The attack was reported to the nearby USS Farragut who arrived in the battle area, the vessels were boarded by American personnel and a SH-60B Seahawk covered the mission from the air. The pirate mother skiff was on by gunfire or explosives and after the pirates were stripped of their means to commit piracy. Eleven pirates were captured in total, several fuel drums and grappling hooks were found aboard the boats. The pirate weapons and other equipment such as ladders were thrown overboard by the Americans before the pirates were captured. Nobody is believed to have been injured during the engagements, the captured pirates from the first incident were detained by the United States Navy until it was determined that they would be transferred to the United States to stand trial for piracy. After capture, the pirates were identified as Mohammed Modin Hasan, Gabul Abdullahi Ali, Abdi Wali Dire, Abdi Mohammed Gurewardher, the five pirates, were put in the custody of the United States Marshal Service and charged with a variety of piracy and weapons related charges.
The pirates were charged and tried in the United States District Court for the Eastern District of Virginia in Norfolk, Virginia where they were convicted and sentenced to serve in prison for life
April 2009 raid off Somalia
It occurred during Operation Atalanta, a European Union mission in Somali waters. The pirates had attempted to extract a ransom by holding the yachts occupants hostage, tanit, a privately owned French yacht named after the Phoenician lunar goddess, with its five crew and passengers was sailing to Zanzibar when it was boarded by pirates on 4 April. Among the hostages were a family of three including a boy, and two friends of the family who joined them in Aden. The ships owners, the Lemaçons, started from Vannes in July 2008 and this was a family trip “to escape consumer society”. They planned to visit Kenya and Zanzibar, even after meeting with a couple whose yacht, Carré dAs IV, had been captured by pirates, and rescued by French commandos, they continued on their journey. The pirates headed the vessel for the coast but were two days by a French frigate. French forces attempted to negotiate with the pirates offering them money and offering to exchange the mother, they were overheard discussing using explosives to blow up the yacht.
Fifty commandos were sent from France to a French base at Djibouti on 9 April, the French attempted to negotiate with the pirates, and even offered to exchange one of the hostages for an officer. The pirates refused to cooperate, stating that they could get better terms once they reached the coast, seeing the pirates were uncooperative a sniper on-board one of the vessels managed to shoot down the sails and to damage the mast and the yacht. This the French believed would put them in a better negotiating position, after threats to execute the hostages were heard, the French Navy decided the next day to board the boat and free the hostages. French commandos attacked the vessel from different directions in two speedboats. The pirates opened fire and the special forces fired back. French naval commandos boarded the vessel and rescued the hostages. However, Florent Lemaçon, the captain and father of the three-year-old boy, was being held hostage in his cabin. When French commandos entered, they engaged in a shootout with the pirates, after the fighting ended the four freed hostages were taken in one of the frigates, to Djibouti, and from there transported back to France.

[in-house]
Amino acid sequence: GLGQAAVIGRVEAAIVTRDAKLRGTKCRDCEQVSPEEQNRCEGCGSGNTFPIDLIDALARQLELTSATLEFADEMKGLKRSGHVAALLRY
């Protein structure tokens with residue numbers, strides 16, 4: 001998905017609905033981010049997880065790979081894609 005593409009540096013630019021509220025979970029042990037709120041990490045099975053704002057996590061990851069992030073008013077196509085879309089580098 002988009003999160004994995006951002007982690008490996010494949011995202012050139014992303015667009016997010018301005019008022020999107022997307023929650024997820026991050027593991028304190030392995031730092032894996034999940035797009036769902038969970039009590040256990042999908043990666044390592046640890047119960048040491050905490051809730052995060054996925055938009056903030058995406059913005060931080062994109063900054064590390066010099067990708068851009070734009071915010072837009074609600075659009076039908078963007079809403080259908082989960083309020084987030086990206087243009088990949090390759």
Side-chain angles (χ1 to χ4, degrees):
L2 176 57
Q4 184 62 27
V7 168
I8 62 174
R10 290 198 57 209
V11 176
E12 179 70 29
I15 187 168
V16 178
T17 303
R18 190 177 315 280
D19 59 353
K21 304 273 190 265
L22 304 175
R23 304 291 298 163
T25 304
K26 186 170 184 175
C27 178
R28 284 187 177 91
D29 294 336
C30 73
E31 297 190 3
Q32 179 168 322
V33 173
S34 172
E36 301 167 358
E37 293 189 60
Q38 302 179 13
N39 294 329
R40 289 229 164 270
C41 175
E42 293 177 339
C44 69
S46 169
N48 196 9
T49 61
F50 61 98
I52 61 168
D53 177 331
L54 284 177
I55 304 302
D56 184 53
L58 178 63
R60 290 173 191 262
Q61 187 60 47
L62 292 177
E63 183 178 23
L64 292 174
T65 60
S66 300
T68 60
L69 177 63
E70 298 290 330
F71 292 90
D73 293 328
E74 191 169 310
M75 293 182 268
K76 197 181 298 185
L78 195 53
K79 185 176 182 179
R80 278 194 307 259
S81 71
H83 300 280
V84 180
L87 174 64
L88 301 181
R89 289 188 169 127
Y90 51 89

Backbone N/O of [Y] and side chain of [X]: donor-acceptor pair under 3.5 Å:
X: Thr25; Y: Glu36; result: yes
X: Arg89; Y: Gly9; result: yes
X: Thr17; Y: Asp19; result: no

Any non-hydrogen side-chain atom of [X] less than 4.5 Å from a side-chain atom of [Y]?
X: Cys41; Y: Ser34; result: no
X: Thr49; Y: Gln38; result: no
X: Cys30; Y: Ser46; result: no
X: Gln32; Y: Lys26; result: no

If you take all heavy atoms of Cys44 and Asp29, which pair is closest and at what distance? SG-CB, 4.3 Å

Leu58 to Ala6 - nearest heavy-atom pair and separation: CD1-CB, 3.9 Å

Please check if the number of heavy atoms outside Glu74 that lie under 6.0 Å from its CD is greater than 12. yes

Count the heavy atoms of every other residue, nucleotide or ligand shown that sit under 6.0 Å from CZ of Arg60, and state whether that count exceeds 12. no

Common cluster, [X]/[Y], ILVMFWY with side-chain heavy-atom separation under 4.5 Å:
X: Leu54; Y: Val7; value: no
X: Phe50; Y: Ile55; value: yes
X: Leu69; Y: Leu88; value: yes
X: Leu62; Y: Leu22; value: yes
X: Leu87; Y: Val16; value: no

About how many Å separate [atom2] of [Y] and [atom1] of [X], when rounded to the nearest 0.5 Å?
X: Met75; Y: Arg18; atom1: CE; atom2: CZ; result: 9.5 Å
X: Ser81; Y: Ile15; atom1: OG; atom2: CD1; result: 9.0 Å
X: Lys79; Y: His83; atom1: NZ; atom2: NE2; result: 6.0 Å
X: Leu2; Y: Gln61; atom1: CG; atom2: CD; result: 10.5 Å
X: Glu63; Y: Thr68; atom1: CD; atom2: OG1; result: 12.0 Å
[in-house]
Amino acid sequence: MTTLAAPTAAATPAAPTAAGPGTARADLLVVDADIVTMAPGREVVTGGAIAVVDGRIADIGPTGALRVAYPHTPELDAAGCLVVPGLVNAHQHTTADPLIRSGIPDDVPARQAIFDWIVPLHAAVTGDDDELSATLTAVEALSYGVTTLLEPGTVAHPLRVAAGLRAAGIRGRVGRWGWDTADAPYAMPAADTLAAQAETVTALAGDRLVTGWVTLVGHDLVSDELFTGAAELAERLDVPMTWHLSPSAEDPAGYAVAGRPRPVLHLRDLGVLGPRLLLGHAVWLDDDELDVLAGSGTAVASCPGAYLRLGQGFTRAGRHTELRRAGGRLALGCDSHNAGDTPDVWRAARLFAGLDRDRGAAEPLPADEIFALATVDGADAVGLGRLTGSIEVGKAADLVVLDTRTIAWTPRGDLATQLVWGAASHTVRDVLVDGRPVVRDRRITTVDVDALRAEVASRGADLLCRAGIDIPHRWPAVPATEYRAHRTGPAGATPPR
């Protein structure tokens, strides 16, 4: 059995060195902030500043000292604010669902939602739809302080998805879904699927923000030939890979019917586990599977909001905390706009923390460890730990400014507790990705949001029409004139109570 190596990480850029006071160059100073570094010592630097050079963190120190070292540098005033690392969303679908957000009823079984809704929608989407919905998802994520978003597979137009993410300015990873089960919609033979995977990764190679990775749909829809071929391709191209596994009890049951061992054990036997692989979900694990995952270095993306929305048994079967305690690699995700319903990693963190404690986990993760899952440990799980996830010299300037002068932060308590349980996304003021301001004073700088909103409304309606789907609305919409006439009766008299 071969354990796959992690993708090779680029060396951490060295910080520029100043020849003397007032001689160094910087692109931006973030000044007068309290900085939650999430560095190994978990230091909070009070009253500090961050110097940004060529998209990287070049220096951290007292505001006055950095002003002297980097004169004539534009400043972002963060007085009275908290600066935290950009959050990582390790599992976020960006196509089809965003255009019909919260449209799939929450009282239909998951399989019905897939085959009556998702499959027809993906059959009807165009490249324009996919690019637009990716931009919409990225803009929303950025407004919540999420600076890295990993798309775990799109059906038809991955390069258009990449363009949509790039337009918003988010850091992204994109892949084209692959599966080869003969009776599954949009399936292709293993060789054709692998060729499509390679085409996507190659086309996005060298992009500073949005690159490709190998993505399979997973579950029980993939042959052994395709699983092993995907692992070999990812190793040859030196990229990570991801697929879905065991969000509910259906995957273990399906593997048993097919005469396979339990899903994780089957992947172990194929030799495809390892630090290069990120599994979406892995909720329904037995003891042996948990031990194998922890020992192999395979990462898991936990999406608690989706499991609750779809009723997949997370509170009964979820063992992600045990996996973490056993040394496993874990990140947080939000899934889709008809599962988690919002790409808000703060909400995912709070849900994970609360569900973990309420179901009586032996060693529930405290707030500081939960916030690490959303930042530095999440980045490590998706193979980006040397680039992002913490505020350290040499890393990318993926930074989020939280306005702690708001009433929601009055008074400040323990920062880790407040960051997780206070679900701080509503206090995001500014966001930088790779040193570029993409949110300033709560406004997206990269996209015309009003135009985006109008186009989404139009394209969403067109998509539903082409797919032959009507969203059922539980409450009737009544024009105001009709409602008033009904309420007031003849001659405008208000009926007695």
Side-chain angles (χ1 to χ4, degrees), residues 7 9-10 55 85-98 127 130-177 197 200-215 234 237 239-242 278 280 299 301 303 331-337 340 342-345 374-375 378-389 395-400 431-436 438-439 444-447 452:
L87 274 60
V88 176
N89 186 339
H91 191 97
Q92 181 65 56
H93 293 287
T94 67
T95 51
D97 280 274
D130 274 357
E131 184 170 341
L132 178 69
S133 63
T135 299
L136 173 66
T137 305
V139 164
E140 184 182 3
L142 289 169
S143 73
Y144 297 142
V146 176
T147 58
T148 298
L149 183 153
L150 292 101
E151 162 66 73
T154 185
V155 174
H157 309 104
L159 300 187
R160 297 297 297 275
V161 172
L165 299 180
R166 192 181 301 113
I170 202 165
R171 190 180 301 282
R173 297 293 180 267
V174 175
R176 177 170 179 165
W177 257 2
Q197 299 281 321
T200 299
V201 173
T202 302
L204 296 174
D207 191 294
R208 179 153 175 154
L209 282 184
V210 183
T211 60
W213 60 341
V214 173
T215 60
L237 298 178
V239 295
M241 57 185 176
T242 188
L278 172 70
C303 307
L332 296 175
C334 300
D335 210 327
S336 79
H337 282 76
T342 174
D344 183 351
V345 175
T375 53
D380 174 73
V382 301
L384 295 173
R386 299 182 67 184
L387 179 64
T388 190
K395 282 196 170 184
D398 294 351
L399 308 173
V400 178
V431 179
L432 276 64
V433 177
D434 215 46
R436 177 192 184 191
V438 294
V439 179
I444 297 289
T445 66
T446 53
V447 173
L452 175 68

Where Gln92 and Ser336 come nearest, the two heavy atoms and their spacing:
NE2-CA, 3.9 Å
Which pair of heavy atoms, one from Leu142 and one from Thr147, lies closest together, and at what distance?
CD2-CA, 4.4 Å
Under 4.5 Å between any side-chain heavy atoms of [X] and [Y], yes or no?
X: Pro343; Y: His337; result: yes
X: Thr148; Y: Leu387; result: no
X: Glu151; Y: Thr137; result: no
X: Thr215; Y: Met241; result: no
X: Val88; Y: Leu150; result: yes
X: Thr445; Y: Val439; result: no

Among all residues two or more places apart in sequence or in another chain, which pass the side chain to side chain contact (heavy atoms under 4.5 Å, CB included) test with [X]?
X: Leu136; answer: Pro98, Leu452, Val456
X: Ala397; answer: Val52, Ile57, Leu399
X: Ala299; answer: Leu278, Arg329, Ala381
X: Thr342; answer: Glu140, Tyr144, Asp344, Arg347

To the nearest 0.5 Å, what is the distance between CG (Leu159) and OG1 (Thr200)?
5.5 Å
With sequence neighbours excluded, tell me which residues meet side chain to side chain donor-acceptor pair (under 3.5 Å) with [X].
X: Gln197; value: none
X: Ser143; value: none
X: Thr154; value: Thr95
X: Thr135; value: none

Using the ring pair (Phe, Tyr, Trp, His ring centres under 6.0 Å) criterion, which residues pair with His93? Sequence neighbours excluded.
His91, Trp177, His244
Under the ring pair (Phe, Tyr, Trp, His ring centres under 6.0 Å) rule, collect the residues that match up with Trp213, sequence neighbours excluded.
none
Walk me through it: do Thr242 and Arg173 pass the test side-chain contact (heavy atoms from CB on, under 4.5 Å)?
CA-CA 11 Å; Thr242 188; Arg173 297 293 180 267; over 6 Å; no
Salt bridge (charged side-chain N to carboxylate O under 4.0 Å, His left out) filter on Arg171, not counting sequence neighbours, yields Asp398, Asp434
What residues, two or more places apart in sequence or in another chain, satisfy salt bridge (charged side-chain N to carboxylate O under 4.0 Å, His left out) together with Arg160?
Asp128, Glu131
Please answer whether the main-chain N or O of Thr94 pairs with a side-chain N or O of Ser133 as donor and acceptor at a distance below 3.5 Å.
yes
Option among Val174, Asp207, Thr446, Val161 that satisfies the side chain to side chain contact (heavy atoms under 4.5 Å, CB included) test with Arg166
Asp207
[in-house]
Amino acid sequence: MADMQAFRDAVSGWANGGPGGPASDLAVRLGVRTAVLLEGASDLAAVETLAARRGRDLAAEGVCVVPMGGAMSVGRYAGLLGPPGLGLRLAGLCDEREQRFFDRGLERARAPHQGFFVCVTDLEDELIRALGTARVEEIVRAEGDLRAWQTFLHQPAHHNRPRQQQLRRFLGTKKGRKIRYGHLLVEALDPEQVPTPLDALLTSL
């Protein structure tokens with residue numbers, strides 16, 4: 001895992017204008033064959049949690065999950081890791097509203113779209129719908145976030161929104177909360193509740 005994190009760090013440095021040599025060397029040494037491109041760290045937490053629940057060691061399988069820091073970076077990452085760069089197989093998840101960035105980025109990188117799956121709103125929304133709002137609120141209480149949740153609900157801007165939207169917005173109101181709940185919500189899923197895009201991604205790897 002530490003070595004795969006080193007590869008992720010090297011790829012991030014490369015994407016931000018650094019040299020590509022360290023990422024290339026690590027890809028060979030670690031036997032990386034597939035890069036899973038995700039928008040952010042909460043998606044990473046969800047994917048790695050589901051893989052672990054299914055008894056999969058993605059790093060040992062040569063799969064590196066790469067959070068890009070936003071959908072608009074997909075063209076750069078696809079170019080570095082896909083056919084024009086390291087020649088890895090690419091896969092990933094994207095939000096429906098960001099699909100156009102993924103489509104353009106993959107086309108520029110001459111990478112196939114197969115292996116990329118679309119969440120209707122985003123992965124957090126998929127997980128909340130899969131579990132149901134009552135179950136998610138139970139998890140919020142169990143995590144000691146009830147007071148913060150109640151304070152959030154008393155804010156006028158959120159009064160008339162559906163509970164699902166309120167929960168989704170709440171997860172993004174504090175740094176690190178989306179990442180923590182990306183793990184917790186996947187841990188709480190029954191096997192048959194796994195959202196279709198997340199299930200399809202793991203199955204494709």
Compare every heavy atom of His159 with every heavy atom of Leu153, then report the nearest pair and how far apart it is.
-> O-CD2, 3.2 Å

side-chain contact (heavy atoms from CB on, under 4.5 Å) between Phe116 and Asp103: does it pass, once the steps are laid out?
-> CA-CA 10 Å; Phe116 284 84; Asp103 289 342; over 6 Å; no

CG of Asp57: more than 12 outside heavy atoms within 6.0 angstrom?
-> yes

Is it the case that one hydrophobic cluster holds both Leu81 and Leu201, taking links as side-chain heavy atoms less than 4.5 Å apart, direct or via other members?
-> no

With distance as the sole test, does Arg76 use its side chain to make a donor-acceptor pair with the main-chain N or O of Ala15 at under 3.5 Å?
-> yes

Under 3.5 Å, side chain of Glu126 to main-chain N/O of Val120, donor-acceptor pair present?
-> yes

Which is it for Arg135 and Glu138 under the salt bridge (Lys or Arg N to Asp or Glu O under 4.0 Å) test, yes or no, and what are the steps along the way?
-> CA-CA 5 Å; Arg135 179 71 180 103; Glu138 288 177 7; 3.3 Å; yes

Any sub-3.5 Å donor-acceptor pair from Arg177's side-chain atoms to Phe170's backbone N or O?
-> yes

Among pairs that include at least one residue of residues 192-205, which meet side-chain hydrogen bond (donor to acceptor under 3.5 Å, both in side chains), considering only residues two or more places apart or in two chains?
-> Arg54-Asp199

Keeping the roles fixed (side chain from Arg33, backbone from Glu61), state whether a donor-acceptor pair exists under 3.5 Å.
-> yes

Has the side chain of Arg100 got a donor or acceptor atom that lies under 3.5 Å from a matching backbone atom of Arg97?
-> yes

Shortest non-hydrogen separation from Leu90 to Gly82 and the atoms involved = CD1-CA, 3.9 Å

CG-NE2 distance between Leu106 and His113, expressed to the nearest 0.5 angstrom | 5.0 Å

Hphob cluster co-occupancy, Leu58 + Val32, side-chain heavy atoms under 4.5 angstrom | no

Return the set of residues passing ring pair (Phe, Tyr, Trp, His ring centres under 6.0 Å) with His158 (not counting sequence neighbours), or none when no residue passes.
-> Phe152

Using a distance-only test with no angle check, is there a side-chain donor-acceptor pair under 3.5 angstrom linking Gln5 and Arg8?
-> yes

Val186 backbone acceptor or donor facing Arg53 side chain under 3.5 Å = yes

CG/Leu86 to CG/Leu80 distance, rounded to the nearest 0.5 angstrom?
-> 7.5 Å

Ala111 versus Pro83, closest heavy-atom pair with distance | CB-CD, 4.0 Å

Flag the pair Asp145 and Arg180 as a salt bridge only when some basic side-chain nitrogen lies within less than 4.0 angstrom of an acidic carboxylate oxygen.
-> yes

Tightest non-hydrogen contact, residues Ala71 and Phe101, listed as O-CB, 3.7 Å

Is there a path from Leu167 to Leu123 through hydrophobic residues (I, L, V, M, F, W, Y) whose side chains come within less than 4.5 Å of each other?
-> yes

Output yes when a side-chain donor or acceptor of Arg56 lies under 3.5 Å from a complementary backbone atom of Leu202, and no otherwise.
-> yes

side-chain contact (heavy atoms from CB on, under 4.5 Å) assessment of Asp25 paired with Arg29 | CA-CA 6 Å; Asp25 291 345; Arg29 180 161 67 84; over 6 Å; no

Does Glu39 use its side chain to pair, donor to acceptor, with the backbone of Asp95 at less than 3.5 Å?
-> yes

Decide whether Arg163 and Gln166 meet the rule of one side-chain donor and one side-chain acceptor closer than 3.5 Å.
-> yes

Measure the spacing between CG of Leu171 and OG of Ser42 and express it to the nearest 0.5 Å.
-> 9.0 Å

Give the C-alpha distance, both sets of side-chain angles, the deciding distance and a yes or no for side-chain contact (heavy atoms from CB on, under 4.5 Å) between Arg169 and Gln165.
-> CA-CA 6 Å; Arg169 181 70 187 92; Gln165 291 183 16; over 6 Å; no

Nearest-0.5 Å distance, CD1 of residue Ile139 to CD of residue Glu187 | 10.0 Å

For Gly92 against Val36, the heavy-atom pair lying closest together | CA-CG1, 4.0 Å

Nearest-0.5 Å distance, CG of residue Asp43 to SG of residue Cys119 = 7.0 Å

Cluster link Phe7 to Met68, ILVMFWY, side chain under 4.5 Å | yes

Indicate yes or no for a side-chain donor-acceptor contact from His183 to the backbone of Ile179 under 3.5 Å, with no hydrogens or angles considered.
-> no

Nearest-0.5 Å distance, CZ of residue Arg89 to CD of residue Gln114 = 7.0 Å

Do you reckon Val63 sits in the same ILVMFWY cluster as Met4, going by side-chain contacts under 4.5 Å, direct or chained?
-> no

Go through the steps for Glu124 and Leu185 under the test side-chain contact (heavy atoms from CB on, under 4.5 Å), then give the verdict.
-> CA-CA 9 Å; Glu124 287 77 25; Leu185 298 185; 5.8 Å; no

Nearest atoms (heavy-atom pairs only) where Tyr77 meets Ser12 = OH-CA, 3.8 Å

Three pirates were taken to Rennes for questioning
MV Moscow University hijacking
On 5–6 May 2010 Somali Pirates hijacked the MV Moscow University, a Liberian-flagged Russian tanker, in the Gulf of Aden. Her crew was freed by the Russian Navy destroyer Marshal Shaposhnikov the following day, the Russian tanker MV Moscow University was attacked on 5 May 2010 by Somali pirates 500 nautical miles off the coast of Somalia. The pirates would hold the ship for 20 hours, communications were established between the ships captain and the Australian Orion aircraft which relayed communications to the Russian Udaloy-class destroyer Marshal Shaposhnikov. The Marshal Shaposhnikov came to the aid of the Moscow University and it took the destroyer half a day to reach the Moscow University. The pirates fired at the helicopter, and the helicopter returned fire. The captain confirmed to the Russian forces by radio that the crew were safe, two warning shots were fired at the pirates, who claimed that they had hostages. The Marshal Shaposhnikov opened fire on the Moscow University, under the cover of this fire, speedboats carrying Naval Infantry approached the ship, and the troops climbed on board.
After a brief shootout, the pirates were detained and all 23 members of the crew were rescued unharmed. According to the Russian Ministry of Defence, they did not reach the coast, in Summer 2012, a Russian Action film was produced under the name 22 Minutes. The movie was released on May 2,2013 and is based on real events
Action of 18 March 2006